Some countries have a national programme for the enrichment of food with folic acid, but even in such a case it is not so easy to reach the required level of folic acid, hence: 
  1. Women on a folate-rich diet need to include medication containing folic acid into their daily ration; 
  2. All women of reproductive age that are planning a pregnancy either in fact or in theory must take multivitamins containing folic acid. Considering the large number of unplanned pregnancies, folic acid administration should be recommended by all doctors consulting patients at this age. 
The confirmed risk factors for low folate levels in erythrocytes and for increased risk of NTD are the following:
Familial medical history
  • One or more of maternal or paternal side relatives had DNT, irrespective of how distant these relatives are;
  • MTHFR 677TT genotype – homozygous carriage;
  • 677CST – heterozygous carriage. 
Medical conditions
  • Malabsorption syndrome;
  • Crohn’s disease;
  • Celiac disease;
  • Type 1 or Type 2 diabetes mellitus;
  • Administration of metformin, combined oral contraception.
Female Factors
  • BMI higher than 30 kg/m2 or 80 kg of body weight;
Life style
  • Smoking; 
  • Alcohol abuse;
  • Medication abuse;
  • Low socioeconomic status;
  • Low-calorie diets (below 1000 kcal/day)

The impact on the fetus
The intake of multivitamins containing folic acid is associated with a reduced risk of delivering children with the following diseases: neuroblastoma, leukemia, Wilms tumour, poorly-differentiated neuroectodermal tumours, ependymomas, autism. 
The intake of folic acid may be associated with a high risk of giving birth to twins but at present, there is no definitive evidence that could confirm this assumption. 
There are data in favor of the fact that a long-term administration of folic acid in the dose of 5 mg/day during pregnancy is associated with a slightly increased risk of rhonchi and respiratory infections in children. Other studies do not confirm the connection between the administration of folic acid and atopic conditions in children. 

Practical recommendations: 
  • In patients with BMI higher than 24 kg/m2 the connection between the intake of folic acid and the decreased risk of NTD is weaker than in patients with normal body weight; 
  • It is recommended that patients of low-risk group (i.e. you did not find any factors in the table above that you could relate to) should go on a folate-rich diet and take folic acid in the dose of 0.,4 mcg/day over 2-—3 months prior to the planned pregnancy, during the whole period of pregnancy and during the post-delivery period or during the whole period of breast feeding;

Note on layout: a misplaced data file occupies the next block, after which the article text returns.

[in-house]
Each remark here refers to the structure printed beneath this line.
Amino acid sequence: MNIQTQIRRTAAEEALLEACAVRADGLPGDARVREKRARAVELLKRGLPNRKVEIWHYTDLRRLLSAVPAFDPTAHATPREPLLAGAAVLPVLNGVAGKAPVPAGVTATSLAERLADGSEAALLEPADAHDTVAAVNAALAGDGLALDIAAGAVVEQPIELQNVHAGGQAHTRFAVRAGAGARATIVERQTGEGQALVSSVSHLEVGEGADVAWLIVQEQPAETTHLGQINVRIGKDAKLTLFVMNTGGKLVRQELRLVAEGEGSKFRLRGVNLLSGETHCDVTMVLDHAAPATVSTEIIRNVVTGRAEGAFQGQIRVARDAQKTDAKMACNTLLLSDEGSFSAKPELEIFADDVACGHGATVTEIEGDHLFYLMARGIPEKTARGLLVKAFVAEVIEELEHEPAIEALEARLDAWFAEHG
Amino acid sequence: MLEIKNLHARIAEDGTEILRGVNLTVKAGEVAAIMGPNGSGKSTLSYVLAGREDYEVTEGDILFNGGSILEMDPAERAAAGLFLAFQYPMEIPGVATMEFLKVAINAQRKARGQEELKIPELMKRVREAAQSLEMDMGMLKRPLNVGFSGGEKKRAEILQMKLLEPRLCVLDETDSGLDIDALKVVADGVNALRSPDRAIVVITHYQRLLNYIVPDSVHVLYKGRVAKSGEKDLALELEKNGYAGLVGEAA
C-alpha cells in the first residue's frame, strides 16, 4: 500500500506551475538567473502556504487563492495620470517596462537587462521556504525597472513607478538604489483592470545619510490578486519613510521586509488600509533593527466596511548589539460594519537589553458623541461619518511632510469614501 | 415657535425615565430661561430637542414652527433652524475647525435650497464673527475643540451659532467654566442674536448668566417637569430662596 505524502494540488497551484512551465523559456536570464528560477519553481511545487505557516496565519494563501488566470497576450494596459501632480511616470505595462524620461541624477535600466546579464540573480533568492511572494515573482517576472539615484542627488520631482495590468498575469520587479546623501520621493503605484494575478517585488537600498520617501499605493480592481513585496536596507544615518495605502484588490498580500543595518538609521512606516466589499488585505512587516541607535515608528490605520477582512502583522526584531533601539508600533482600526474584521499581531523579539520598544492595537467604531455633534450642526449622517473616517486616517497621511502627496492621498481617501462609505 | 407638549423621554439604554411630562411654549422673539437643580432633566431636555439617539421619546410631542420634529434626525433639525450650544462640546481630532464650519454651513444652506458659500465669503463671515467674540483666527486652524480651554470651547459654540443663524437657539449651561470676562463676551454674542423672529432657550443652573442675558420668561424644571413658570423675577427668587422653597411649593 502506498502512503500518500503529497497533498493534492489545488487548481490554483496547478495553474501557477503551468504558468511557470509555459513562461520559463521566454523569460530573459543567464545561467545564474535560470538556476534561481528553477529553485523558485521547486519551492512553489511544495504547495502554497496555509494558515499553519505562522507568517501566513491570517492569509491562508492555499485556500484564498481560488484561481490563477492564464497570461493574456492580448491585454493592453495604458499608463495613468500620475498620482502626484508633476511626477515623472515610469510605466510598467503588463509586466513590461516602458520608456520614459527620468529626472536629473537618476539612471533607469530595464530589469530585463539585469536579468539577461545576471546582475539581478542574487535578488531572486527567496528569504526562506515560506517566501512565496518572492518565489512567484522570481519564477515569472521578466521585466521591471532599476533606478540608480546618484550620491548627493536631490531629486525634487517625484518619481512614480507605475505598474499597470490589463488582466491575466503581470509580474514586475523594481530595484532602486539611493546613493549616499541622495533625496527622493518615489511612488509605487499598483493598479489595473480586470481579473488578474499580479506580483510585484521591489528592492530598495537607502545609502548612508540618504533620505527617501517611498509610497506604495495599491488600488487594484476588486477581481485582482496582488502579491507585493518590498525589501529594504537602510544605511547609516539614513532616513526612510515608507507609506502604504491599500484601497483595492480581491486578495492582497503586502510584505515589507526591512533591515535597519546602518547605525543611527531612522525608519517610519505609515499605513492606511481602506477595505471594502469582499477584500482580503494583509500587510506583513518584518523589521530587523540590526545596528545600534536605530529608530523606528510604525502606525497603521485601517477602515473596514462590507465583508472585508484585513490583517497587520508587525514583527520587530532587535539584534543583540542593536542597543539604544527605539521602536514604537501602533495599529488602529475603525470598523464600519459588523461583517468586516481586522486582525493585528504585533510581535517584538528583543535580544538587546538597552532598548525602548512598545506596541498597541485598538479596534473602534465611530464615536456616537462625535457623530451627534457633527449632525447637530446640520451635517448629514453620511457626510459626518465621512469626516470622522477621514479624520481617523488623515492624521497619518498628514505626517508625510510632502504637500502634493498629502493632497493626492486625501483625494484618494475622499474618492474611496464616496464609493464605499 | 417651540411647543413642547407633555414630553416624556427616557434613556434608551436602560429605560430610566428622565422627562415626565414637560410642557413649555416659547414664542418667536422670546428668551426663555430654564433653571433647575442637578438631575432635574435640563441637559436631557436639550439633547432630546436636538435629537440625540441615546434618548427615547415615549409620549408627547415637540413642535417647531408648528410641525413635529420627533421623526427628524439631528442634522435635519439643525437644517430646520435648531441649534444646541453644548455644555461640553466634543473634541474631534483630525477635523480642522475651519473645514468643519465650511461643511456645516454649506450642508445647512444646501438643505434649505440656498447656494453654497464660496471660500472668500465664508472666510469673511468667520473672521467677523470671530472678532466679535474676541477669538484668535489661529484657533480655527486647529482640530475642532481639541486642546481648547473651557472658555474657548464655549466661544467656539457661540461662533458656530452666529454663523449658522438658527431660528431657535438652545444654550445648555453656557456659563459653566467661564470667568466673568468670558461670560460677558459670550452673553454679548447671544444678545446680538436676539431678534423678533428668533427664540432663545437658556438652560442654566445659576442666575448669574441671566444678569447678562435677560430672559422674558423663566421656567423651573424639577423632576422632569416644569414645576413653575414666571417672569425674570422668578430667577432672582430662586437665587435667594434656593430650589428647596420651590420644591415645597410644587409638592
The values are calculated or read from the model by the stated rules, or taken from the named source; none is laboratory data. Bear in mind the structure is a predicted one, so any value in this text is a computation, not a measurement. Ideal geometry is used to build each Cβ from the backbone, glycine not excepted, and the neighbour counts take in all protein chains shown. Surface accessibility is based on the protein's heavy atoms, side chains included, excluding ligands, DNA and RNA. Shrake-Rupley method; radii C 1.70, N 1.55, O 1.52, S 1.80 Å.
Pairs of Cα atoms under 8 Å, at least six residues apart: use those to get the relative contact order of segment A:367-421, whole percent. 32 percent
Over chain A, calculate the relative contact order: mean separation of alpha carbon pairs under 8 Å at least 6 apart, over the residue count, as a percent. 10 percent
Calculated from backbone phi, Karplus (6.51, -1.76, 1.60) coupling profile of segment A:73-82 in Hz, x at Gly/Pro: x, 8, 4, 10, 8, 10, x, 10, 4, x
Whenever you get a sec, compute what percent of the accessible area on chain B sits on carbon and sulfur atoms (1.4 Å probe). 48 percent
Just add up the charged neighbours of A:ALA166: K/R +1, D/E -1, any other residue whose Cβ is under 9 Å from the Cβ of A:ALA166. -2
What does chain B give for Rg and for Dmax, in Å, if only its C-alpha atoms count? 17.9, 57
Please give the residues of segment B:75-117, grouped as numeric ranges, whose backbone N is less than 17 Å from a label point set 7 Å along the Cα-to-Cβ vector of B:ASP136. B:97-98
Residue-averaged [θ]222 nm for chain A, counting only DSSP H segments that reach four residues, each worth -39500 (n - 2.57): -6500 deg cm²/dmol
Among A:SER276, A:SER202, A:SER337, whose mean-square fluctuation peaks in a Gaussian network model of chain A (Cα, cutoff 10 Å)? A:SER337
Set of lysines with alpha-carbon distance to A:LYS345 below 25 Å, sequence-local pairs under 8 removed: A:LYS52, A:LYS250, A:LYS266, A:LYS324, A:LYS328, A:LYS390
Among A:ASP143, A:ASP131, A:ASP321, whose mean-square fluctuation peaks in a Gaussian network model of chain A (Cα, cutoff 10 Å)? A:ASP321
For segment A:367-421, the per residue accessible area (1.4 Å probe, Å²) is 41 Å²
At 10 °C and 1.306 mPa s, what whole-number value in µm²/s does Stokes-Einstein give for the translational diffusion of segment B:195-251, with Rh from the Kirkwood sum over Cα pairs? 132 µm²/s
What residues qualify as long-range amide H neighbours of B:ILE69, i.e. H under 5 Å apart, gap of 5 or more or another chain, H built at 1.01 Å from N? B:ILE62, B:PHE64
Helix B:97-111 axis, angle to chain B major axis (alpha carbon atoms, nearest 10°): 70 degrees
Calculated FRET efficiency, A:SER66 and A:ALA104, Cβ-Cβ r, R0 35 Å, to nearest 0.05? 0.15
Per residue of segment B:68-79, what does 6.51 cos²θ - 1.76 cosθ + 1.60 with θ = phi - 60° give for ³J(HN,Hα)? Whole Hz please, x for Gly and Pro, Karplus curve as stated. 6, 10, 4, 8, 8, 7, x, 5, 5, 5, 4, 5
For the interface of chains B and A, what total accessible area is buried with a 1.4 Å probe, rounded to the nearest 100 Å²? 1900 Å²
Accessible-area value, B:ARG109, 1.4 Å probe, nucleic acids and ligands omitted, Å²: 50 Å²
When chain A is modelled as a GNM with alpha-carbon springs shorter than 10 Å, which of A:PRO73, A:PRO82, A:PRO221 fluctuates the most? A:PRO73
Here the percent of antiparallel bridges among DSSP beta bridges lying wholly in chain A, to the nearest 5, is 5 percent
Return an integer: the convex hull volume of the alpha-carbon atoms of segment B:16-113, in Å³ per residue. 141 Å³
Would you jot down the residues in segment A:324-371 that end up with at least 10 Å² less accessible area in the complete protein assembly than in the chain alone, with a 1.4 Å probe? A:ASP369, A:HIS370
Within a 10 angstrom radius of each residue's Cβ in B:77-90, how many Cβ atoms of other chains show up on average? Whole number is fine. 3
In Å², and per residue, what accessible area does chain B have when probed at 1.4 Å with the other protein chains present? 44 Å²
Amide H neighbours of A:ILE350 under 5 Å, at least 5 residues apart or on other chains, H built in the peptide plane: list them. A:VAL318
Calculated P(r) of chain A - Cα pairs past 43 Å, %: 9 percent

• Patients of increased-risk group (familial or personal medical history of folate-sensitive anomalies, familial history of NTD, Type 1 or Type 2 diabetes mellitus, the use of certain drugs, GIT diseases accompanied by malabsorption syndrome) should undergo the measurement of folic acid concentration in erythrocytes before medication containing folic acid is prescribed to them. In case the level of folic acid is lower than 906 ng/ml, folates are prescribed in the dose of 1 mg/day; if the value is higher, the dose should be 0.,4-—0,.6 mg/day. Patients are to start taking the drug 3 months prior to the conception and should go on until 12 weeks of pregnancy. In the 2nd and the 3rd trimester, after delivery and during the whole period of breast feeding, folic acid is taken in the dose of 0,.4— – 0.,6 mg/day;
  • 4 mg of folic acid is prescribed to patients of high-risk group (personal medical history of NTD in a patient or in a spouse) 3 months prior to the planned pregnancy and during 12 weeks of pregnancy.  Thereafter, a patient takes 0.,4-—1 mg of folic acid until she stops breast-feeding;
  • It is suggested that women who have been classified into a high-risk group should take one pill of multivitamins containing 400-—1000 mcg of folic acid as well as medication containing pure folic acid in order to reach the required dose (5 mg/day). 

If a patient takes folic acid in the dose of more than 0.,6 mg/day over 6-—8 months and there are still no signs of pregnancy, the dose should be reduced down to the prophylactic 0,.4 mg/day. 
If pregnancy does not occur in the next 6 months, you should visit a fertility specialist as well as measure your folate status.